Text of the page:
Tarikh-i guzida

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The Tarikh-i guzida or Tarikh e Gozideh, (meaning: Excerpt history) (Persian: تاریخ گزیده‎‎) is a compendium of Islamic history from the creation of the world until 1329 (729 AH), written by Hamdallah Qazvini (Khwaja Hamid Ullah Mustaufi)[1][2] and finished in 1330.[3] It was written in a dry simple style and dedicated to Ghiyah al-Din, son of Rashid al-Din.[3]

Content[edit]

The Tarikh-i guzida contains the history of the Islamic world, from the creation of the world up to 1329(729 AH). The introduction includes the creation of the world followed by six sections;[3]

  1. The prophets
  2. Persian Kings before Muhammad
  3. Muhammad and caliphs
  4. Persia and other lands ruled by Muslim dynasties
  5. Poets and scholars
  6. Region and history of Kazwin(Qazvin)

Also mentioned is the Mongol invasion.[4] Qazvini produced a world map in the Tarikh-i guzida which contained meridians.[5] Qazvini declared the Afghans to be Israelites.[3]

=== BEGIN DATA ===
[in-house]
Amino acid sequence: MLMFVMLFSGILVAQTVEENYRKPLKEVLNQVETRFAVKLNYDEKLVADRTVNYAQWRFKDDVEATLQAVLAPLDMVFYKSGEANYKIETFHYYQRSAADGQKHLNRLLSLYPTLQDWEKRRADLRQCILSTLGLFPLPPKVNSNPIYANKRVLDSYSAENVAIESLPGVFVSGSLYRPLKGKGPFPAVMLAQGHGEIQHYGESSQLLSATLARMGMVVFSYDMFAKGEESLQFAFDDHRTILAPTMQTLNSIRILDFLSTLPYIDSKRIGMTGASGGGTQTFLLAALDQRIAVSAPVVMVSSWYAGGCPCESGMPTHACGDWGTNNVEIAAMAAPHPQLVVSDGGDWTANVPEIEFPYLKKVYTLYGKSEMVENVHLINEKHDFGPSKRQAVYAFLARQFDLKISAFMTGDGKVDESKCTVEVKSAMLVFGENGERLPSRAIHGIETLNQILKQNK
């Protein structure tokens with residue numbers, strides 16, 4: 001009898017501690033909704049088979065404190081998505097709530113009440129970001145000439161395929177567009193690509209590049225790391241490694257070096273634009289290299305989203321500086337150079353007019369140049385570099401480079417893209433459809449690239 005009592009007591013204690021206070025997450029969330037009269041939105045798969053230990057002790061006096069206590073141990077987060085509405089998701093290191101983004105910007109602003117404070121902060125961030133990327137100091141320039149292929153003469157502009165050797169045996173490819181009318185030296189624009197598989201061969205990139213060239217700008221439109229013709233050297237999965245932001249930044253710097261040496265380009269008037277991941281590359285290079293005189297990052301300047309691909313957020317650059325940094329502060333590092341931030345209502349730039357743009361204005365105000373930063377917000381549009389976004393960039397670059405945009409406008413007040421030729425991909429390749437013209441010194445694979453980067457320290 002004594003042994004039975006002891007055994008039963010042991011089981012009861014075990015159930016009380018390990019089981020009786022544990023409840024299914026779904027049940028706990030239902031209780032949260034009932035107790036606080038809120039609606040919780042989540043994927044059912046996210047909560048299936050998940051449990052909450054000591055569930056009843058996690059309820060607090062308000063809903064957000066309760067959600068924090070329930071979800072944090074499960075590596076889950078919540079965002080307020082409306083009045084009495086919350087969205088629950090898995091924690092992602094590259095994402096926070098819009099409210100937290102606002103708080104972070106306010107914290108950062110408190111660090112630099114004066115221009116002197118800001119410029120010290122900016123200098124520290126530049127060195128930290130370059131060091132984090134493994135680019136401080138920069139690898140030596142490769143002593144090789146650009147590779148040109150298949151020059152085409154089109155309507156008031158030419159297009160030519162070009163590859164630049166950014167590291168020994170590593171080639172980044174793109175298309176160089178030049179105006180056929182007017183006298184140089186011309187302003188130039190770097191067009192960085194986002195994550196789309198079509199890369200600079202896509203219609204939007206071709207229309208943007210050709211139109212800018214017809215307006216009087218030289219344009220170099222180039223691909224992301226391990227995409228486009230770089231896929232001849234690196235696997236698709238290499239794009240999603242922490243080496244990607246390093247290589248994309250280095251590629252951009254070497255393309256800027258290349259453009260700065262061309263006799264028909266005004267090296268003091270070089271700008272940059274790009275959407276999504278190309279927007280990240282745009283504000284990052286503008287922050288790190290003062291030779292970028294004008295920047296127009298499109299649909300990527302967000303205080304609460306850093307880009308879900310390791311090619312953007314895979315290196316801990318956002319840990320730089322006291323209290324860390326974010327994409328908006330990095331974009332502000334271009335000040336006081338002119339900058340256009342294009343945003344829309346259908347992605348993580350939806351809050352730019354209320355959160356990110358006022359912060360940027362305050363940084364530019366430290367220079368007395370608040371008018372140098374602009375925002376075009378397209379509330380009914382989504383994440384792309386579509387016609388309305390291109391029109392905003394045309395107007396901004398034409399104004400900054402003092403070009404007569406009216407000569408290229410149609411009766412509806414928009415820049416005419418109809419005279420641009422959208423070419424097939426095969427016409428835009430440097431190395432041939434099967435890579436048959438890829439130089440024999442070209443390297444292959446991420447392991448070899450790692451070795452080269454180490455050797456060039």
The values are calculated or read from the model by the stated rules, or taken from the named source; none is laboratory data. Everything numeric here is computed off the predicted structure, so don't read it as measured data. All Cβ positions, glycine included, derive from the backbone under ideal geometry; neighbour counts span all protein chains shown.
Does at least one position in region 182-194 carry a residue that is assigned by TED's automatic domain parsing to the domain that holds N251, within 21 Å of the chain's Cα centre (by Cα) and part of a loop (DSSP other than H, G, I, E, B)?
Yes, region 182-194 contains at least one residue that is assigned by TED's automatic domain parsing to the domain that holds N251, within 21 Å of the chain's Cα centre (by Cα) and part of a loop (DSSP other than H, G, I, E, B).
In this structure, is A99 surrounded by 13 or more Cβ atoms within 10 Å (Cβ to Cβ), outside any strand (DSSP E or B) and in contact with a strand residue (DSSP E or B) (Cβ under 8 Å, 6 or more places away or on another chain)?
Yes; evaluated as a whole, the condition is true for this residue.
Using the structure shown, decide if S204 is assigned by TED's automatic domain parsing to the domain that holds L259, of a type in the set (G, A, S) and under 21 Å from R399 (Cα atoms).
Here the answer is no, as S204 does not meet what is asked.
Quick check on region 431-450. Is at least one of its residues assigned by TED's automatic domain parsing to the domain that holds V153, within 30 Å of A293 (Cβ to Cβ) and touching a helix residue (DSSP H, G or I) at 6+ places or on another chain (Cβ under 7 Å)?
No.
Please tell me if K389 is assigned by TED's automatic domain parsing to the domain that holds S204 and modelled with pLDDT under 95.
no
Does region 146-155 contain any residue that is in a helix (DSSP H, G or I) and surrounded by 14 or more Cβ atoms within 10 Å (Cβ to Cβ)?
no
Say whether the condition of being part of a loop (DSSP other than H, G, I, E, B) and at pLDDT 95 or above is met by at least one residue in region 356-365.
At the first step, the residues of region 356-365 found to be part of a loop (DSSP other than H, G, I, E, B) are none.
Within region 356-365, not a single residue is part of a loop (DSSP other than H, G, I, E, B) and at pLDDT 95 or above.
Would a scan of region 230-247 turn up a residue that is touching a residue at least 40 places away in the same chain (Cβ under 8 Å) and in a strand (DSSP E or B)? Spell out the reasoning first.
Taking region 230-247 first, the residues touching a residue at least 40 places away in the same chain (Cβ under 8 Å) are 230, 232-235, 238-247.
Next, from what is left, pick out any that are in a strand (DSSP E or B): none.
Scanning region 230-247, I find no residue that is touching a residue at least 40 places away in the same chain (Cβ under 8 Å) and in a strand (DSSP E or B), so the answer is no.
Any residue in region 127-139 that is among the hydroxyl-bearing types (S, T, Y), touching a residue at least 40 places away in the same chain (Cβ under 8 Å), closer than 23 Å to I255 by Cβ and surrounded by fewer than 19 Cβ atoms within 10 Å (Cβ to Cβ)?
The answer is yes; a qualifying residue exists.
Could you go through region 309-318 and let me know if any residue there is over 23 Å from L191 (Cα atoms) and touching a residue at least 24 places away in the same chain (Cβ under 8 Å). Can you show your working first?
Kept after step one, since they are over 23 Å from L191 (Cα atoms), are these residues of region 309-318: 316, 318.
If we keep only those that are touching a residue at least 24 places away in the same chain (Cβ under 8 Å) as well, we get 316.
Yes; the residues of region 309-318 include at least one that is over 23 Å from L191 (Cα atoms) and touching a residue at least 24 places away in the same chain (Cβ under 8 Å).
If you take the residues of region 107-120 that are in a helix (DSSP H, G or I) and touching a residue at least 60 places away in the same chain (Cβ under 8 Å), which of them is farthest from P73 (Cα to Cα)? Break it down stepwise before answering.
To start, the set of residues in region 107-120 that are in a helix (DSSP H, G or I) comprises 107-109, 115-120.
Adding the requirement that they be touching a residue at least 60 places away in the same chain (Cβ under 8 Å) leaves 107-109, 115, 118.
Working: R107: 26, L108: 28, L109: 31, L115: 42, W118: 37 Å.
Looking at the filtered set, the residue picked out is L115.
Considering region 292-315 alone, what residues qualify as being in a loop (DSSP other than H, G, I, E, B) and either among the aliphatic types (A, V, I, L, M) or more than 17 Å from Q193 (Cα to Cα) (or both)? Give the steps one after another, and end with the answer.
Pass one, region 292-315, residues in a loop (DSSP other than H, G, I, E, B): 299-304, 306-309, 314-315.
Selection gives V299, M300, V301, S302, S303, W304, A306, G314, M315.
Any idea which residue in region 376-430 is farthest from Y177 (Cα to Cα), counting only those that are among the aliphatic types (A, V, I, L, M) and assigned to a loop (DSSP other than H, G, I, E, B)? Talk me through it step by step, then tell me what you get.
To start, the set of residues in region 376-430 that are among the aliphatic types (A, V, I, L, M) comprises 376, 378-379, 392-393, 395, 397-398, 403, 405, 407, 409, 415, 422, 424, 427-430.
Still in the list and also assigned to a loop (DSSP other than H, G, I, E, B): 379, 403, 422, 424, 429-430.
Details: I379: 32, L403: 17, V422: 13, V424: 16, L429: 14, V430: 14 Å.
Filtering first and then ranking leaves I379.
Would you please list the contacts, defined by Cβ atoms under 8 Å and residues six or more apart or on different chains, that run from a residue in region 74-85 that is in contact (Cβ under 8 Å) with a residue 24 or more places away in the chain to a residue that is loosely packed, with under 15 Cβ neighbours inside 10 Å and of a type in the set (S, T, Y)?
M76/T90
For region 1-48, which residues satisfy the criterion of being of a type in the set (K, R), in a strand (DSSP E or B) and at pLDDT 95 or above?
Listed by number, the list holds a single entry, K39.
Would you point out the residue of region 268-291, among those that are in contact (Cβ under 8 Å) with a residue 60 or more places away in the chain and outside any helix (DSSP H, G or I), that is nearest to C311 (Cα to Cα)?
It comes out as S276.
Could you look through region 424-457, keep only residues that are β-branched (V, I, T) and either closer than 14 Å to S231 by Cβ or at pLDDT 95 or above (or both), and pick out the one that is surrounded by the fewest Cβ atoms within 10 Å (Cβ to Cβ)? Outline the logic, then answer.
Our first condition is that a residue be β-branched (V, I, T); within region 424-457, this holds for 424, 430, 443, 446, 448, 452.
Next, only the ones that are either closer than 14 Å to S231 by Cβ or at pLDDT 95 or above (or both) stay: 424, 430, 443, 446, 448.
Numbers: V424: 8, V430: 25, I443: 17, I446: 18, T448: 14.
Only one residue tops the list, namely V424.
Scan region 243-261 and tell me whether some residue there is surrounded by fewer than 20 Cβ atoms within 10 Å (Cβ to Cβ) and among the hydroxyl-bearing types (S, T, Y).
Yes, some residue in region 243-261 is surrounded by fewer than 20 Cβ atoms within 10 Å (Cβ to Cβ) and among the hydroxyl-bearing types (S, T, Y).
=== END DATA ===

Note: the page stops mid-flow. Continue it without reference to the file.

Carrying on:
Modern era[edit]

The Tarikh-i guzida was very popular and numerous copies existed, of which many were found in European collections.[3] It was partially translated into French in 1903 by Jules Gantin. E.G. Browne published a complete edition in 1910 and an abridged English version in 1913.[1] In 1960, Abd al-Husayn Nava'i published a complete version of the Tarikh-i guzida.[6]

References[edit]

  1. ^ Khorezmiĭ, Munis and Muḣammad Rizo Mirob Ėrniëzbek ŭghli Ogaḣiĭ, Yuri Bregel, Firdaws al-iqbāl: History of Khorezm, (BRILL NV, 1999), xxxii.
  2. ^ Haidar, Dughlát Muhammad, The Tarikh-i-rashidi: A History of the Moghuls of Central Asia, (Sampson, Low, Marston & Co., 1895), 151.
  3. ^ a b c d e E.J. Brill's first Encyclopedia of Islam, 1913-1936, ed. M. Th. Houtsma, (BRILL, 1993), 845.
  4. ^ Khorezmiĭ, xxxii.
  5. ^ The History of Cartography: Cartography in the Traditional Islamic and South Asian societies. , Vol.2, Book 1, Edited J. B. Harley and David Woodward, (University of Chicago Press, 1992), 391.
  6. ^ Daftary, Farhad, The Isma'ilis: Their History and Doctrines, (Cambridge University Press, 1990), 671.